A combination of wind, rain, and limited visibility has prevented a group of young New Zealand explorers from attempting to climb one of the most remote mountain peaks in the world.
Millie Mannering (24), Sam West (29), Lily Green (20), and Sasha Cheng (30) along with world-renowned mountain guides Lydia Bradey and Dean Staples and Antarctic Heritage Trust Emeritus Executive Director Nigel Watson, were to attempt a history-making two-day climb of South Georgia’s Mount Worsley.
The team was chosen by the Trust for this year’s Inspiring Explorers Expedition™. They were to scale the 1105-metre Mt Worsley (named after New Zealand explorer Frank Worsley) and would have been just the second group in the world to make it to the top.
Antarctic Heritage Trust Executive Director Francesca Eathorne says poor weather made the ascent impossible but all was not lost.
“We urgently sought permission for the team to undertake a smaller, one-day ski and climb expedition to ascend Mount Hodges, in the mountain range behind Grytviken. After a successful climb the team have returned to the ship filled with stories about their experience.”
Members of the Trust’s Inspiring Explorers Expedition™ Mount Hodges climb team L-R: Inspiring Explorers Lily Green and Sasha Cheng, mountain guide Lydia Bradey, Trust Emeritus Executive Director Nigel Watson and Inspiring Explorer Sam West. © AHT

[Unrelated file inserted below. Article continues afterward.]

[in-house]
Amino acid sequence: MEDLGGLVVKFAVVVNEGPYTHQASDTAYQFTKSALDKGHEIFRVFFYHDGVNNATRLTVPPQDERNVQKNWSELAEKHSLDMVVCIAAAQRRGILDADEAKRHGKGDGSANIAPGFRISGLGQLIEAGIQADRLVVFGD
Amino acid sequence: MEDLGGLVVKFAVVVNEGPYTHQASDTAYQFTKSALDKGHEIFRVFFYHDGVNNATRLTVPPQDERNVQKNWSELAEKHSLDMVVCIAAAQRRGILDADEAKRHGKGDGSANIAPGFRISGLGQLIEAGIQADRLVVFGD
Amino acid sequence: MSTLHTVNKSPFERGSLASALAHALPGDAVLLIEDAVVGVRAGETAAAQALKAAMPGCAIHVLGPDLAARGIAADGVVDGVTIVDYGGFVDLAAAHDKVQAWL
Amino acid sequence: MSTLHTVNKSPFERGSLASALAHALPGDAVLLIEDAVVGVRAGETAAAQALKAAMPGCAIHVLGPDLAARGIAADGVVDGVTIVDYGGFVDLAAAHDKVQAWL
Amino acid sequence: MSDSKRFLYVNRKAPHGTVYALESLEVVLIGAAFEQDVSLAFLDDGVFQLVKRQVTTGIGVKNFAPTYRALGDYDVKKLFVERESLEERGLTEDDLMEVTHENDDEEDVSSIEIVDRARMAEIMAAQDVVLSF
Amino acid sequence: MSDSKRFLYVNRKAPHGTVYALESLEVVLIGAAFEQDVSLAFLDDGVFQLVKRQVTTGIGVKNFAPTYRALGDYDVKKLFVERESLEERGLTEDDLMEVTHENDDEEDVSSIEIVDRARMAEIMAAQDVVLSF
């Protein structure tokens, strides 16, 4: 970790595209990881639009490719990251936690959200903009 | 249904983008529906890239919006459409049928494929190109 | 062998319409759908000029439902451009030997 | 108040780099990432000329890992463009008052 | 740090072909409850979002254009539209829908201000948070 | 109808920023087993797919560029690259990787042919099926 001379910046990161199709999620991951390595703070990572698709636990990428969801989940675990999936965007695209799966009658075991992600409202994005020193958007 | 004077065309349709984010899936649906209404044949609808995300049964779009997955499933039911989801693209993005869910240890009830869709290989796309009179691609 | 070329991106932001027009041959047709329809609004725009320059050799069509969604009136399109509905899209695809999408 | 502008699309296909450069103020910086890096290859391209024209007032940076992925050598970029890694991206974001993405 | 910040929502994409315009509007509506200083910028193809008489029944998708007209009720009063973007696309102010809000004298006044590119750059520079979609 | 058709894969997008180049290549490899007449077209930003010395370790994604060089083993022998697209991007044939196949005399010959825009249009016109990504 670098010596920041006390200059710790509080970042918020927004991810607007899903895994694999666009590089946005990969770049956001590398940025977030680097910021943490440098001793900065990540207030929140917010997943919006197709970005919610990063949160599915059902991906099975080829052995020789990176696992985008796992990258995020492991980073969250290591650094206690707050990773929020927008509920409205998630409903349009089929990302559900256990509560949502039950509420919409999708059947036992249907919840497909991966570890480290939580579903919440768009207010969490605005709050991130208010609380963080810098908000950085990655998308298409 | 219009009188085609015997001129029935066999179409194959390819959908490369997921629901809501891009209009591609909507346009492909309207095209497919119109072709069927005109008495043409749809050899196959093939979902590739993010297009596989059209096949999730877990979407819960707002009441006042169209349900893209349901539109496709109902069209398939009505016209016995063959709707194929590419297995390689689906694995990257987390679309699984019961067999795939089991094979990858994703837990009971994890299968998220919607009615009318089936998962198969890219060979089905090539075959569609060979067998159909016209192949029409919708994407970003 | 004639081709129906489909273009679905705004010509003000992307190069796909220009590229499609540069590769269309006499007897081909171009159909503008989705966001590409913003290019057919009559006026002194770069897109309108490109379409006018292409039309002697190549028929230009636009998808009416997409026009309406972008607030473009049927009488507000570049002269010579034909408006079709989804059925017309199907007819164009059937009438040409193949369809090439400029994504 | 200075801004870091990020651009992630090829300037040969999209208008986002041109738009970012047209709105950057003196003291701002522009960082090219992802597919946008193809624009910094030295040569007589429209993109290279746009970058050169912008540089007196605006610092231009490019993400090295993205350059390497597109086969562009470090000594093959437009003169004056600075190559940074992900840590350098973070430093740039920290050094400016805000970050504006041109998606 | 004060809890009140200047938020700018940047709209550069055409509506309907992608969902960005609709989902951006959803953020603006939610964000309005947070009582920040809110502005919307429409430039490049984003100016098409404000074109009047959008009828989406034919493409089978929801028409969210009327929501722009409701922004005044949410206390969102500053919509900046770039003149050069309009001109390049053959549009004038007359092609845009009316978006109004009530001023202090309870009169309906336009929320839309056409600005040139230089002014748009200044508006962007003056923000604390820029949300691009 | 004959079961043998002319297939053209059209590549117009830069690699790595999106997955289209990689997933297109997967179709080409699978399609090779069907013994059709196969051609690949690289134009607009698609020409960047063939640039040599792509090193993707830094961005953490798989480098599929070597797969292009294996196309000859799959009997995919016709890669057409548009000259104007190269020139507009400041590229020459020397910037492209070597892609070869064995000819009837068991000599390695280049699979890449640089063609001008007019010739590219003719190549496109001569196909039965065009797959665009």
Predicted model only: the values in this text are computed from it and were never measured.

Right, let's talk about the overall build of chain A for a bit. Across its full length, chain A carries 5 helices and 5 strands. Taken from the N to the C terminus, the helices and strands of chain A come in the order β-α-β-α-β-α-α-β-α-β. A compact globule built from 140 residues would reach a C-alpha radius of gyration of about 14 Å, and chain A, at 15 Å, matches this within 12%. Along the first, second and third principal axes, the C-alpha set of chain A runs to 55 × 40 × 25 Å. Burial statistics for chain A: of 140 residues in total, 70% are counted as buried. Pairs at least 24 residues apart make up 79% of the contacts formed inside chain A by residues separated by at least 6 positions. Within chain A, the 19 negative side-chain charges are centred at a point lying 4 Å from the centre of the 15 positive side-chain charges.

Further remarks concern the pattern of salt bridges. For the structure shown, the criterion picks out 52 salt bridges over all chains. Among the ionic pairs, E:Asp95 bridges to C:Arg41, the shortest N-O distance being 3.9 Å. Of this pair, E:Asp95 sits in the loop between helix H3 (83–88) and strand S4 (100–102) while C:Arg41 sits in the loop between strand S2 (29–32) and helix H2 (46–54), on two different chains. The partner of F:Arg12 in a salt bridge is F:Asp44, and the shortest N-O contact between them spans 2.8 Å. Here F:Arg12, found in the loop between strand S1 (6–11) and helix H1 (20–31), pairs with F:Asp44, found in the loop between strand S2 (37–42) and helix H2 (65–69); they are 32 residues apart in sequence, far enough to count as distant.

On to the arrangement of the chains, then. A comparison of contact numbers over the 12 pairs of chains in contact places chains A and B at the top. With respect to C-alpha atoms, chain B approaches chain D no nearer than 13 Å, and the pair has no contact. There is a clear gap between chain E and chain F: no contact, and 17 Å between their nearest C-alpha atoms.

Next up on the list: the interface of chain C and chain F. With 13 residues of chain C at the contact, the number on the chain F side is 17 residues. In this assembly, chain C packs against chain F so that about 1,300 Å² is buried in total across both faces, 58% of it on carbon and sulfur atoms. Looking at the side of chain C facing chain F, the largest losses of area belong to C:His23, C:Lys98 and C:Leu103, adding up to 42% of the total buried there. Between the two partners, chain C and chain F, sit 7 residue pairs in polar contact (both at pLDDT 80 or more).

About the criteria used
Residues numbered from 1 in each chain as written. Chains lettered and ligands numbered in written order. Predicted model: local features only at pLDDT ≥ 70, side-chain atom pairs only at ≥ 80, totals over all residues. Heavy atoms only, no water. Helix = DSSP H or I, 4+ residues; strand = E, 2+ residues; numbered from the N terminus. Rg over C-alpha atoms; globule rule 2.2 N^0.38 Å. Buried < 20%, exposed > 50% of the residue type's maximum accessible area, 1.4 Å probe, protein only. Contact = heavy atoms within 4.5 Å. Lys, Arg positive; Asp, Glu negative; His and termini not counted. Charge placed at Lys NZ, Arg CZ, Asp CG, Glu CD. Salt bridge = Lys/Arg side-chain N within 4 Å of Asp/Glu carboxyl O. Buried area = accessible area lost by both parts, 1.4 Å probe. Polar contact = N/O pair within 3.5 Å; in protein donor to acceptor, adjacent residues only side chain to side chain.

Inspiring Explorers Expedition™ climbing team ascending Mount Hodges. © AHT/Sam West
Grytviken is a hamlet on South Georgia and formerly a whaling station. It is also the resting place of Sir Ernest Shackleton.
Millie Mannering says it was incredible for the team to put their crampons on and explore some of South Georgia’s coastal mountains.
“From the summit we could see right into the interior of the island. We watched as a weather system came through and enveloped huge towering peaks with crazy sharp ridgelines. It looked foreboding, exciting and inspiring. Below us, we could see icebergs that had travelled from the Antarctic continent making the moment remarkable and special. Not many people can say they have skied to Shackleton’s grave, which is where we finished our expedition,” says Millie.
Sam West says the climb was unique in many ways.
“While we were on the summit, people on the ship below could see us up on the ridgeline, which was pretty cool. We could also hear elephant seals snorting and groaning with the sound being blown up by the wind from hundreds of meters below.
“On the top it really sunk in how remote we are, how lucky we are to be here and be able to climb. So few people get to do this, making it very special,” says Sam.
South Georgia itself has the greatest density of wildlife on earth with estimates of 30 million breeding birds, including 7 million penguins, 2 million fur seals and half of the world’s southern elephant seals.
Inspiring Explorers Expedition™ climbing team on Mount Hodges. © AHT/Charlie Thomas
All 22 young explorers are working on group outreach projects, supported by the Inspiring Explorers™ Programme Partners – MetService and Royal Society Te Apārangi.
Francesca is onboard the Antarctica21 ship, the Magellan Explorer touring South Georgia Island with the Inspiring Explorers.
“There was some initial disappointment that they wouldn’t get to scale Mt Worsley but the experience they’ve had has undoubtedly been eye-opening. At the end of their expedition, they stopped at Shackleton’ grave to pay their respects – a fitting ending to the day,” says Francesca.
The expedition honours the centenary year of Sir Ernest Shackleton’s final expedition (Quest 1921–1922), which journeyed to South Georgia and marked the end of the heroic era of Antarctic exploration.